North Iceland in January

Goðafoss in the depths of winter

North Iceland is an incredible place and is accessible through the winter season. It's possible to drive there or take a flight from Reykjavik's domestic airport to the capital of the North, Akureyri, weather permitting.

Covered in a blanket of snow and still lit with festive lights, Akureyri is an incredibly charming town.

It has many boutiques, restaurants, and bars and is surprisingly lively throughout the year. Akureyri also arguably contains the best ski slopes in Iceland.

By driving a short distance from Akureyri, you'll be able to see incredible waterfalls, such as Godafoss, and Dettifoss, if the road conditions permit.

A bubbling mud pot in the Mývatn region.

North Iceland's most popular destination throughout the year is Lake Myvatn.

This diverse region is renowned for its wide array of sites, such as the lava fortress Dimmuborgir, the Namafjall geothermal area, Viti crater, and the craters of Skutustadagigar.

Many scenes of the HBO series Game of Thrones were filmed around the area of Lake Myvatn, if you want to put yourself in the footsteps of Jon Snow and Daenerys Targaryen.

The Snaefellsnes Peninsula in Iceland in January

The Northern Lights over Buðir.

The Snaefellsnes peninsula has gained the nickname "Iceland in Miniature" since its 56-mile (90-kilometer) coastline has many diverse landscapes and features that characterize Iceland's nature.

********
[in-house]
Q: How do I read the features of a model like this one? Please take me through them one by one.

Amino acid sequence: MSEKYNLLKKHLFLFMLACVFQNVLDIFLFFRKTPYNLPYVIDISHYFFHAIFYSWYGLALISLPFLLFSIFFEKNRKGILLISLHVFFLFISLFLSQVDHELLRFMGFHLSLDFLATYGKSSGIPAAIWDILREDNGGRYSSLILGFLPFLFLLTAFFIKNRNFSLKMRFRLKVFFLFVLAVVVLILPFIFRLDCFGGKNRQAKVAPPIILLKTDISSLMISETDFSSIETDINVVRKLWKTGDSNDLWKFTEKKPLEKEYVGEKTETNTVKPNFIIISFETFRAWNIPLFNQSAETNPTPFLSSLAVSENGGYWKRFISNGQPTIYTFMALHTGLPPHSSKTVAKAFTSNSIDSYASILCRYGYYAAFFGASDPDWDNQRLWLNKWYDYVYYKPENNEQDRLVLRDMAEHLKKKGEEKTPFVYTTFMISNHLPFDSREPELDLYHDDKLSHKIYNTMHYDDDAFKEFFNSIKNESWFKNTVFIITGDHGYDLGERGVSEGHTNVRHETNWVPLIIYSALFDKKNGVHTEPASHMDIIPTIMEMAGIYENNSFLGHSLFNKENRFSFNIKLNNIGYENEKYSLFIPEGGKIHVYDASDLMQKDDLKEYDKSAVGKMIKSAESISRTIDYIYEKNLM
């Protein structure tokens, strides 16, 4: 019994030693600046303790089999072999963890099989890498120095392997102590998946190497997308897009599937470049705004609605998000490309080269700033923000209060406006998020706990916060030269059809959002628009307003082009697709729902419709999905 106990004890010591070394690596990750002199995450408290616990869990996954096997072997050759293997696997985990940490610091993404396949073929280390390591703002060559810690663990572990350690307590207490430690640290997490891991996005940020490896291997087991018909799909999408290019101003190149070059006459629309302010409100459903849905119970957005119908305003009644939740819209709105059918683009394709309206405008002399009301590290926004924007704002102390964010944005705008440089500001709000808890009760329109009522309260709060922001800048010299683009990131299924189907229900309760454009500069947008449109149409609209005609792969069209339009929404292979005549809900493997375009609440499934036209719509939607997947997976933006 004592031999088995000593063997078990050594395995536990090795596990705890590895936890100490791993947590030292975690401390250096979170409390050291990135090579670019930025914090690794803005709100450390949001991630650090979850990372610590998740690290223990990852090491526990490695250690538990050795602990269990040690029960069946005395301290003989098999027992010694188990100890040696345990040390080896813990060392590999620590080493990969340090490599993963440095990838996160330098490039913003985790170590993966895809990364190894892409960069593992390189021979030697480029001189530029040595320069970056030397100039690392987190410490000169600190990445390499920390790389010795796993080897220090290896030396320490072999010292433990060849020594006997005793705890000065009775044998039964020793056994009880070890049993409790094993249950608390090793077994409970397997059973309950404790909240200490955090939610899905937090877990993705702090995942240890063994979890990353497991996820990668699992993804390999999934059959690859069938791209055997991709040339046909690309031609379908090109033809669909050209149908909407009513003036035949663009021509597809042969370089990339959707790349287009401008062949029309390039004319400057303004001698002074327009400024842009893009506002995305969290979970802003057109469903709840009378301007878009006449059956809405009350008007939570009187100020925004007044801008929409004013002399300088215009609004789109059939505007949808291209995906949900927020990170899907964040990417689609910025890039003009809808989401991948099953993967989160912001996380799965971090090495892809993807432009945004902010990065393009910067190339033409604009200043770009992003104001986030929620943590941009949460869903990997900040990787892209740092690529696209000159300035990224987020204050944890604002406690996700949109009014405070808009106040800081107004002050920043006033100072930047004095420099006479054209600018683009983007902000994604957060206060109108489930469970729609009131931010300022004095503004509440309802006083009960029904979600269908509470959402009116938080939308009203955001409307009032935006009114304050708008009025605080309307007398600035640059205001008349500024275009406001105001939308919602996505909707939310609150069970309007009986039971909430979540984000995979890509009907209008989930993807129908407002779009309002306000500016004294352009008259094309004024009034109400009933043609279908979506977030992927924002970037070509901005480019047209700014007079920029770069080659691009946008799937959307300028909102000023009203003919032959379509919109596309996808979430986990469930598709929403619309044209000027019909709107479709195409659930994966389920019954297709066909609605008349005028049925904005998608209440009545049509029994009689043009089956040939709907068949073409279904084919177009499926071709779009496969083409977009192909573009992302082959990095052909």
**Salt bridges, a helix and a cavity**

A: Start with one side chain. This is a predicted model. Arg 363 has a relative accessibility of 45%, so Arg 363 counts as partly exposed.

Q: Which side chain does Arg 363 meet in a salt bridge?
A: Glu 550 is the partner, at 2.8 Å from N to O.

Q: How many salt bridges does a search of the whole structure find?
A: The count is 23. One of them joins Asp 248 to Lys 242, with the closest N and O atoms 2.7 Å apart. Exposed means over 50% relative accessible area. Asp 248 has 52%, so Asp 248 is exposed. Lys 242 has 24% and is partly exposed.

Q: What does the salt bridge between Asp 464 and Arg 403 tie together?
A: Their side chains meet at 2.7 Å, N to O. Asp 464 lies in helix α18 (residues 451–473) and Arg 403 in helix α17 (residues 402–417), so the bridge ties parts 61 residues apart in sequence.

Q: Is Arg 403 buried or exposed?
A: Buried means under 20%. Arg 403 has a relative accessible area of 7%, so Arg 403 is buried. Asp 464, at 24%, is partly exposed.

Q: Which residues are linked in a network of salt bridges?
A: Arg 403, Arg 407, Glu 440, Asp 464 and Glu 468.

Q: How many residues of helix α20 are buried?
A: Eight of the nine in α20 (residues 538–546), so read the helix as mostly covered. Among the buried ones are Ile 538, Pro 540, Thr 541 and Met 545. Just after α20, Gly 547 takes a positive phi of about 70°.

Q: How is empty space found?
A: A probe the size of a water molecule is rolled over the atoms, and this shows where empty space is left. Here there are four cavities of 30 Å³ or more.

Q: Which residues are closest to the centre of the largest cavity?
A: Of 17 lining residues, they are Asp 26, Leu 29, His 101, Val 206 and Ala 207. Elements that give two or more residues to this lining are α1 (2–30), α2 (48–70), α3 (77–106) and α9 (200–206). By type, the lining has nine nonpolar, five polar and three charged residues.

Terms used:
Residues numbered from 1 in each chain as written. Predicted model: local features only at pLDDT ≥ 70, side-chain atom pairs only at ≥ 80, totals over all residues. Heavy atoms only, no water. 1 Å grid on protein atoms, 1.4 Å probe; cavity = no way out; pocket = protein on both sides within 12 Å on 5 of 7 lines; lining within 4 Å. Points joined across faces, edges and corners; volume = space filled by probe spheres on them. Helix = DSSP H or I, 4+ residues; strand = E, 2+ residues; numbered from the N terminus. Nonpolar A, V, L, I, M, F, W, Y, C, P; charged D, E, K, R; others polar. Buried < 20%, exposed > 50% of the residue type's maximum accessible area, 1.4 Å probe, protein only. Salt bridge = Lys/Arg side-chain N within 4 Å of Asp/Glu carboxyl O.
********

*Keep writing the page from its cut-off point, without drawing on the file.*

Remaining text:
Nowadays, the best-known attraction in the Snaefellsnes Peninsula is Mount Kirkjufell. This arrowhead-shaped mountain is just a 1.5-mile (2.5-kilometer) drive from the village of Grundarfjordur and was featured in Game of Thrones. 

The second best-known attraction is Snaefellsjokull glacier and volcano, made famous as the entry point of the 'Journey to the Center of the Earth' in Jules Verne's classic science fiction novel.

Mount Kirkjufell on the Snæfellsnes Peninsula in January

These are not the only sites you can see on the peninsula in January.

You can encircle it and see features such as the seal colony at Ytri Tunga and the coastal fishing villages of Arnarstapi, Hellnar, and Stykkisholmur. Along the way, you will find natural wonders such as Djupalonssandur beach, the Budahraun lava fields, and the Londrangar basalt towers.

You can also see the Snaefellsnes Peninsula on a day tour from Reykjavik or over two days to fully immerse yourself in it.

The Weather in Iceland in January

There are many things to see and do in Iceland in January, but the weather this time of year is a concern for many visitors. How cold is Iceland in January? Find that answer and more below. 

Weather in Reykjavik in January

The temperature in Reykjavik in January averages between 30 F and 33 F (1 C and -1 C).

Reindeer cross a field in Iceland in January.

If you are leaving Reykjavik, it's wise to check the website of the Icelandic Meteorological Office to know what the weather is like at your destination.

Iceland Weather in January

Iceland's weather in January can be notoriously fickle. January is a reasonably wet month too. There's an average of 3.5 inches (88 millimeters) of precipitation, which will come in all forms. You'll likely experience rain, snow, hail, wind, and even some sun during your January stay in Iceland.

Keep an eye on the weather forecast because storms are common in winter. Storms can bring powerful winds with them, so pay attention to weather warnings, especially if you are on a self-drive tour around Iceland.

Pack wind- and waterproof clothes, plenty of thermals, and good hiking shoes.

The Temperature in Iceland in January